As Mandevil came upon the hostile party, his keen eyes wandered beyond the envoys, and encountered those of the Individual in the civilian's garb. Something in them appeared to fascinate him, for he stopped short, and regarded the Individual steadfastly for three seconds. Then he turned and whispered to Lord Malmsey Butt:—

"Were I inclined to act dishonourably, I think I could see a way to end this affair in our favour without any further fighting,—only by summoning up those revenue steamers.—But I can afford to play a higher game than that."

The other side now came forward, preceded by their chief spokesman, who, awaiting the coming answer, looked beyond Mandevil to Lord Malmsey Butt, who was a half-step in the rear. Mandevil then spoke.

"It devolves upon me, gentlemen—"

"Ah!"—interrupted the opposite spokesman in an ironical accent—"an entirely new representative suddenly sprung up, it would seem." He appeared to have an instinctive dislike to Mandevil. Perhaps the calm and cheerful confidence of the latter's looks warned him of what was to come.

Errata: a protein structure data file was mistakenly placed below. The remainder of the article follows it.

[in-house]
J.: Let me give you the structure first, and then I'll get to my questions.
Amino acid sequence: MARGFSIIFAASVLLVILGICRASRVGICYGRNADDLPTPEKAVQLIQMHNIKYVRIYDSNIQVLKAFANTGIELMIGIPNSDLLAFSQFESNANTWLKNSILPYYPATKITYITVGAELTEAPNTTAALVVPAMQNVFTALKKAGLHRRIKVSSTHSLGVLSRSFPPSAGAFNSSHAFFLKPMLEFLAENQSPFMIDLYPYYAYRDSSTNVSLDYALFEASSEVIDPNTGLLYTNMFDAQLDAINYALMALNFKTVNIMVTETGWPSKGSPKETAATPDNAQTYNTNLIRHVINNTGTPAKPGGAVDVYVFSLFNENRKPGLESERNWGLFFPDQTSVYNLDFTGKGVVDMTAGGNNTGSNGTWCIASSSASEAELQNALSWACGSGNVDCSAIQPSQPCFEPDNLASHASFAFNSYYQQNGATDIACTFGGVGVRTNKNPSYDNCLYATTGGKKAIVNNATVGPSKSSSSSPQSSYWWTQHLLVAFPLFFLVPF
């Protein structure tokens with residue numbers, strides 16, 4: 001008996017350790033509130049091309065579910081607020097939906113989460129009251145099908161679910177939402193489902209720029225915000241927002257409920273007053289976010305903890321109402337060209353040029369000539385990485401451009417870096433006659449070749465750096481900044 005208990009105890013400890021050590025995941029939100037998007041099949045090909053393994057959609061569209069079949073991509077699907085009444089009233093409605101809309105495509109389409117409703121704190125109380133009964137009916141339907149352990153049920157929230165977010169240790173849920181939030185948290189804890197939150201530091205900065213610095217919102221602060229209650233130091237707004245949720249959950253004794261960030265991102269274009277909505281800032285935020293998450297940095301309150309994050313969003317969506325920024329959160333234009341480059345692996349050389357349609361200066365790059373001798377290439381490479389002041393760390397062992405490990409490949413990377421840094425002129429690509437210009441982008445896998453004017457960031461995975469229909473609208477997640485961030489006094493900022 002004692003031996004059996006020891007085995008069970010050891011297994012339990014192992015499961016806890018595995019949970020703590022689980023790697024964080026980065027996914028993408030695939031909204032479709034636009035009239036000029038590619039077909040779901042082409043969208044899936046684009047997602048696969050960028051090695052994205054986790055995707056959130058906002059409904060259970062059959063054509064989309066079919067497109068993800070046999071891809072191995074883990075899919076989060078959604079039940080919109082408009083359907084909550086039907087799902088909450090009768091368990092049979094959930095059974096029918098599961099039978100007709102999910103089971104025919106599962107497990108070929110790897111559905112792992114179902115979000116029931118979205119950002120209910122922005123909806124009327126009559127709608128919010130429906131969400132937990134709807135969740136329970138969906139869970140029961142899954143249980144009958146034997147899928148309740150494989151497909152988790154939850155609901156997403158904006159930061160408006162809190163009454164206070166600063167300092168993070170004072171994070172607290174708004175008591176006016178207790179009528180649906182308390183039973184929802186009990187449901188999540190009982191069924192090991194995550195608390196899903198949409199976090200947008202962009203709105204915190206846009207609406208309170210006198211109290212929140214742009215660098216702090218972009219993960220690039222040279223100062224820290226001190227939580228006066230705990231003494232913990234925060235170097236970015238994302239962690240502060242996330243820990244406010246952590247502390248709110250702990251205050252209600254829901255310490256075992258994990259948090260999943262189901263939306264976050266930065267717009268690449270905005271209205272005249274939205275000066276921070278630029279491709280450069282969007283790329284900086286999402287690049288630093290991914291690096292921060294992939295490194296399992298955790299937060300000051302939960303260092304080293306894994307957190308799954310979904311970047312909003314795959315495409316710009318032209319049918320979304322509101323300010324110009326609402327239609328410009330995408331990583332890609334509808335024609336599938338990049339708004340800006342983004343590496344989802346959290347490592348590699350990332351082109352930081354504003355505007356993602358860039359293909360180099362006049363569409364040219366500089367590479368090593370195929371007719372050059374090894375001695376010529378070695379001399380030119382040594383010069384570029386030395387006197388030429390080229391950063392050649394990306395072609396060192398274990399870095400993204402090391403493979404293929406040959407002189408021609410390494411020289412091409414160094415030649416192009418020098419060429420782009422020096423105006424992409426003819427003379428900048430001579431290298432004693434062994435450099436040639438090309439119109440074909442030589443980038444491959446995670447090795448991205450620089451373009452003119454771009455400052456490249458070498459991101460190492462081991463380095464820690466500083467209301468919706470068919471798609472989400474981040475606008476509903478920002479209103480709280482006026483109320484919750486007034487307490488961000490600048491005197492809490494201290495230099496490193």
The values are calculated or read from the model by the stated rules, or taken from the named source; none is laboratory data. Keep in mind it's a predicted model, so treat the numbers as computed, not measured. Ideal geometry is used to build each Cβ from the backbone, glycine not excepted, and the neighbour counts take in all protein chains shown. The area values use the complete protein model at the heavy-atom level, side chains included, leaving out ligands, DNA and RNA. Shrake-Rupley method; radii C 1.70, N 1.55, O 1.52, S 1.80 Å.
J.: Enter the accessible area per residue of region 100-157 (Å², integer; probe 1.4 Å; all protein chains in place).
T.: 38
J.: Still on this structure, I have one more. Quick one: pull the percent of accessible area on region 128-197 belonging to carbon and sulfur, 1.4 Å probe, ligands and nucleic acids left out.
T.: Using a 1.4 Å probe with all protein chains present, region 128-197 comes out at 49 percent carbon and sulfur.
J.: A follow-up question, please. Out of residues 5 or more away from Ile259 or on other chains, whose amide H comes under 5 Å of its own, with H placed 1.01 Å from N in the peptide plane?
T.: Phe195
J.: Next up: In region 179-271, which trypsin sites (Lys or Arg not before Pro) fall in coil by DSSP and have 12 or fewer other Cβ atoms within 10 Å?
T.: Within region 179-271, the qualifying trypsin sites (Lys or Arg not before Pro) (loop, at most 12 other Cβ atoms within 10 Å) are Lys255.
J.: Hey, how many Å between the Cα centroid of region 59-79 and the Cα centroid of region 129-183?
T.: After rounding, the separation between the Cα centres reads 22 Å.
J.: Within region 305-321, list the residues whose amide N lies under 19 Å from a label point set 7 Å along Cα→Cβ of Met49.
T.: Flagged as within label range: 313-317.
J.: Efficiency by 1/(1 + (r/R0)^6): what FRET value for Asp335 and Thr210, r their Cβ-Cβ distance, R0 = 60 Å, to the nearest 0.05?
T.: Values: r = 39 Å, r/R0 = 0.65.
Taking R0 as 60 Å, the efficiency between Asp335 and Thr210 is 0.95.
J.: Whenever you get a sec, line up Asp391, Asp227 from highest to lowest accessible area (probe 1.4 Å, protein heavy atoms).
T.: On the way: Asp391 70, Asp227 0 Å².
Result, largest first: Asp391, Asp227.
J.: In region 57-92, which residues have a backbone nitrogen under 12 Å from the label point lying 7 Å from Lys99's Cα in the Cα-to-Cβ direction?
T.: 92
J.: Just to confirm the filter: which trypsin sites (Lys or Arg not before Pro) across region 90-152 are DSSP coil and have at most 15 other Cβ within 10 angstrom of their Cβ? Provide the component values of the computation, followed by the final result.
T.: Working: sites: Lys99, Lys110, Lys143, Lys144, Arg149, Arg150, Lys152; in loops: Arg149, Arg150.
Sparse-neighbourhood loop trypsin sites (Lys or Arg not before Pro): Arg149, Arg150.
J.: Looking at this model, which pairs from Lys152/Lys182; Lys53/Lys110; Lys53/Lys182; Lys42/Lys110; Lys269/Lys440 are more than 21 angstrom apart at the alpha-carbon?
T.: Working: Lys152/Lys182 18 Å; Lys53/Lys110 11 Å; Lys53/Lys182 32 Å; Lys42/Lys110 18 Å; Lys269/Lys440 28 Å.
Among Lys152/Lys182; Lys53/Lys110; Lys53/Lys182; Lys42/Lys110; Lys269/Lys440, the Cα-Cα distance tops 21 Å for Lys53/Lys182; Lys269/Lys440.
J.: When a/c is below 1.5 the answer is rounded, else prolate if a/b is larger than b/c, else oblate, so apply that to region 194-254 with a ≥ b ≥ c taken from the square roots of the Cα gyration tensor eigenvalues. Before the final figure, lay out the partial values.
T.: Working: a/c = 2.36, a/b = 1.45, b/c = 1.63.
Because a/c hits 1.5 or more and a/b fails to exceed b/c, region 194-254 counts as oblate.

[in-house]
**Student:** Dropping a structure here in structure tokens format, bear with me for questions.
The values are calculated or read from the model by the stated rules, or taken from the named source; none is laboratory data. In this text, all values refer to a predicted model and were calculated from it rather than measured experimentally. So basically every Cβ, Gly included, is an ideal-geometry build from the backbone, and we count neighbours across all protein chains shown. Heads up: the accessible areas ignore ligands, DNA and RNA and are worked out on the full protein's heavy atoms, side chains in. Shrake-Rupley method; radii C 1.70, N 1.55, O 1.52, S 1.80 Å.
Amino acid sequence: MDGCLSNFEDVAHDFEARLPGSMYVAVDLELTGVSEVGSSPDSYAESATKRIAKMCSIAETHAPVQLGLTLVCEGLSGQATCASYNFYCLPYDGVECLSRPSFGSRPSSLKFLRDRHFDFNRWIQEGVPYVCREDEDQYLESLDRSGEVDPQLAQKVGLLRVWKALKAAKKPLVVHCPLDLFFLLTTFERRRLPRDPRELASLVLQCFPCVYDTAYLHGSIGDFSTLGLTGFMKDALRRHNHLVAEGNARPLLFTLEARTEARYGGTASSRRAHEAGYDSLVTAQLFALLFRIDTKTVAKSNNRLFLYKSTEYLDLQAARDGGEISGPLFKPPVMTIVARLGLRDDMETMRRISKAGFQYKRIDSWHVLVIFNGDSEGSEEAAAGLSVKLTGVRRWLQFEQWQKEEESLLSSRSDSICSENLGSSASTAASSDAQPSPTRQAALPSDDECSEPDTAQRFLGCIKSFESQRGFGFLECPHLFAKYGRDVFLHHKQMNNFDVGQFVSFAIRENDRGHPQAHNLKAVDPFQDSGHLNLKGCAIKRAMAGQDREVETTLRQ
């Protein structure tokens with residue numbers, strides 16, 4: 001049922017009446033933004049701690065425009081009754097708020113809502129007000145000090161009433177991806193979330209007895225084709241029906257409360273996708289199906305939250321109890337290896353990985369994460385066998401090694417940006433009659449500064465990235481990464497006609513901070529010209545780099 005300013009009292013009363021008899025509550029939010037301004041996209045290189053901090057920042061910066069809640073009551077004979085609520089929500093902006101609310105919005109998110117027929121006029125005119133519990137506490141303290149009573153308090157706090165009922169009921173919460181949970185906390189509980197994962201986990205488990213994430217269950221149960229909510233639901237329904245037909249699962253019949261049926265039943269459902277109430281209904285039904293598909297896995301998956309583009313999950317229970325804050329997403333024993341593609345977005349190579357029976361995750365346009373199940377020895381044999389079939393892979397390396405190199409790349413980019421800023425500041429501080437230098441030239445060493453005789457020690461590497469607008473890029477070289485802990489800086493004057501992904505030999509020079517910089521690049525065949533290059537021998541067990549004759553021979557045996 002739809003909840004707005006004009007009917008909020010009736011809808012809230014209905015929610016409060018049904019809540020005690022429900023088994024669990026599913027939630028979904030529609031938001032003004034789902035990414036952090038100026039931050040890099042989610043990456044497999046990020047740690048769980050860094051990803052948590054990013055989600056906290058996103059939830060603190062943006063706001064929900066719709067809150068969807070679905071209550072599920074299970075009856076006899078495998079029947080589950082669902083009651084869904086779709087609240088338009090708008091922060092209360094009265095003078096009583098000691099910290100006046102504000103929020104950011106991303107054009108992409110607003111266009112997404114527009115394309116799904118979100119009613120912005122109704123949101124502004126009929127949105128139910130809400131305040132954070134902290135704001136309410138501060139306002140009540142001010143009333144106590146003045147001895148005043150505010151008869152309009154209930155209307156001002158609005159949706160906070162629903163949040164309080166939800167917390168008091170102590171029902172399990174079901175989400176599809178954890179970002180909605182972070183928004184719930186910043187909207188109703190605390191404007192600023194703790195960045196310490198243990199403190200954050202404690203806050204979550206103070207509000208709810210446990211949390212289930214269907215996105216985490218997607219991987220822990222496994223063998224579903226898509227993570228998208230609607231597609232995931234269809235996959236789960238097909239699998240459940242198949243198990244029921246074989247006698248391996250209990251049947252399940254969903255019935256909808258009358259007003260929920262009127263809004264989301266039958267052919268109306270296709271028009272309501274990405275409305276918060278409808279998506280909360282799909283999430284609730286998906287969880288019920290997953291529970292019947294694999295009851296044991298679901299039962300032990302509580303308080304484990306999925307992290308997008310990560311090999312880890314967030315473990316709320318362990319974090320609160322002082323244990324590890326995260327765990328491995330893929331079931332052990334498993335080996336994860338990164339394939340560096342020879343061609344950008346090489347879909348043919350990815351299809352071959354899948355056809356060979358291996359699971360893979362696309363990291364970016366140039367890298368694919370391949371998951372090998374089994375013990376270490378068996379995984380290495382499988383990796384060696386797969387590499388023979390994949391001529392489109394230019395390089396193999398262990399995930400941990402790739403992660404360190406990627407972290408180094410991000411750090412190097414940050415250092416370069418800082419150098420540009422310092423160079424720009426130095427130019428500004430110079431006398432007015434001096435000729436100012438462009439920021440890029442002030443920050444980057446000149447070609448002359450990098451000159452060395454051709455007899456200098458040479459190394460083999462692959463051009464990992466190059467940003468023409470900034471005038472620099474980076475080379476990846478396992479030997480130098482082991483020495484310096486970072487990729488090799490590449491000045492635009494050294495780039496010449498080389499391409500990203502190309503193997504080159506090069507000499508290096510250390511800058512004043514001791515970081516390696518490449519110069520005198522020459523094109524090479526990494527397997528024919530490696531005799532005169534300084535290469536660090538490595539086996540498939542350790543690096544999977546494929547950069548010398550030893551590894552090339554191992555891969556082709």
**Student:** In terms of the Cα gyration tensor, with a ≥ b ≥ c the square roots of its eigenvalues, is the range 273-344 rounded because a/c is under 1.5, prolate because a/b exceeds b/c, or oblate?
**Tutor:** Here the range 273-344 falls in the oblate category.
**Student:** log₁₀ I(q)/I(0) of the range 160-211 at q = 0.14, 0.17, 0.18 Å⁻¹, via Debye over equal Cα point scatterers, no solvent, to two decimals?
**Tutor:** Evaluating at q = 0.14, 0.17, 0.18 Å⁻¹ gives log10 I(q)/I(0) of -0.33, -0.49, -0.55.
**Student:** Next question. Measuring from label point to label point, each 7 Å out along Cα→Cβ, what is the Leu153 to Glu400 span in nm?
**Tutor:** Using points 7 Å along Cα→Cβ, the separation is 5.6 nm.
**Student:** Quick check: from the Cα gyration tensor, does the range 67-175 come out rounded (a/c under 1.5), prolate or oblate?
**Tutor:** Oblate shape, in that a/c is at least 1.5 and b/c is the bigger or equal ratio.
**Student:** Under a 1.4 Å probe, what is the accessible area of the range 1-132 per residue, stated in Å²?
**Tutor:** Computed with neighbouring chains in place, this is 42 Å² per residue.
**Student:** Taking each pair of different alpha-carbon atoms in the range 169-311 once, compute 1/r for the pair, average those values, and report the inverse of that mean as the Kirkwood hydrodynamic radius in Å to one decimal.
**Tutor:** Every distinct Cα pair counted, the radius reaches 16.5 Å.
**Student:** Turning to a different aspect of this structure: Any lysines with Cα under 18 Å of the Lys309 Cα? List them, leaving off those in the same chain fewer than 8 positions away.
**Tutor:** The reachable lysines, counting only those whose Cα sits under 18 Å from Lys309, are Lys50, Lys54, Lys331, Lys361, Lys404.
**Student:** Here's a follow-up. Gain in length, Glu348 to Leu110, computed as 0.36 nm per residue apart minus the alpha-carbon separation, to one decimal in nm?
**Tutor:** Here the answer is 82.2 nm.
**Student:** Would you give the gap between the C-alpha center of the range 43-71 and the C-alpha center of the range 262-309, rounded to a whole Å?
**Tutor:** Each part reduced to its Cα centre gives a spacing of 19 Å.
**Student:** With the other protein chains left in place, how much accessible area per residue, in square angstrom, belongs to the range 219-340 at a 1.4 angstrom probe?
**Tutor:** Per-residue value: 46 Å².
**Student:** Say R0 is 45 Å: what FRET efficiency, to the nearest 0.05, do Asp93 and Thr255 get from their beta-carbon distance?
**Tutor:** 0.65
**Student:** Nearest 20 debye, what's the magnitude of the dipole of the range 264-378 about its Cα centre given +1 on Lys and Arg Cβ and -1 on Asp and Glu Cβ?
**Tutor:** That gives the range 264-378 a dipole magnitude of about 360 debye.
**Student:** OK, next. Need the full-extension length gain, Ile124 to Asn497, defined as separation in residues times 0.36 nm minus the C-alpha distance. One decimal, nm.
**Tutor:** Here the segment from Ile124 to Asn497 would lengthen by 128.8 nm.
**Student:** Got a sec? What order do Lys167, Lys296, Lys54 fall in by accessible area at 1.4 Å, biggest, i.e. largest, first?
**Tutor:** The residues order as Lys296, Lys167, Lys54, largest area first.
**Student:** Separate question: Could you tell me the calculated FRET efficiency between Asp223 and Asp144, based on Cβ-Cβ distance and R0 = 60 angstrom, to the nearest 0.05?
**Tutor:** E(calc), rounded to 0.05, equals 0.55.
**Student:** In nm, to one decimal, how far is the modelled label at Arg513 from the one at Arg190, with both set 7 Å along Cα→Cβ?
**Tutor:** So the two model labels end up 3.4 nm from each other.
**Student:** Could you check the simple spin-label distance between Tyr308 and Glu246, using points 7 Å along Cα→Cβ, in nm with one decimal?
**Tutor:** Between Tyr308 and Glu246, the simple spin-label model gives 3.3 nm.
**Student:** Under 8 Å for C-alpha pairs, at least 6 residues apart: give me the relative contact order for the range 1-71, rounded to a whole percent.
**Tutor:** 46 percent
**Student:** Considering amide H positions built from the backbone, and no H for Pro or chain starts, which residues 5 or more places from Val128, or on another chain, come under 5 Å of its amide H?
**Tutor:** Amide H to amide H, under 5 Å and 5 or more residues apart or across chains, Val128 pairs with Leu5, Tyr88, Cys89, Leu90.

"At the wish of my friends here," continued Mandevil, without noticing the interruption, and turning to Lord Malmsey Butt and the officers, who bowed in confirmation, "to make known to you that your terms are totally inadmissible."

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"What!" said the other, "you do not accept them?"

"Not only not accept them," replied Mandevil, "but on the contrary—"

"'On the contrary,' what?" sneered the other. "But observe! we accept no modifications; you take or reject as a whole."

"I have already announced," said Mandevil, "or intended to, that we do reject them as a whole. And I was about to say, that so far from accepting your terms, on the contrary, we have terms to offer you."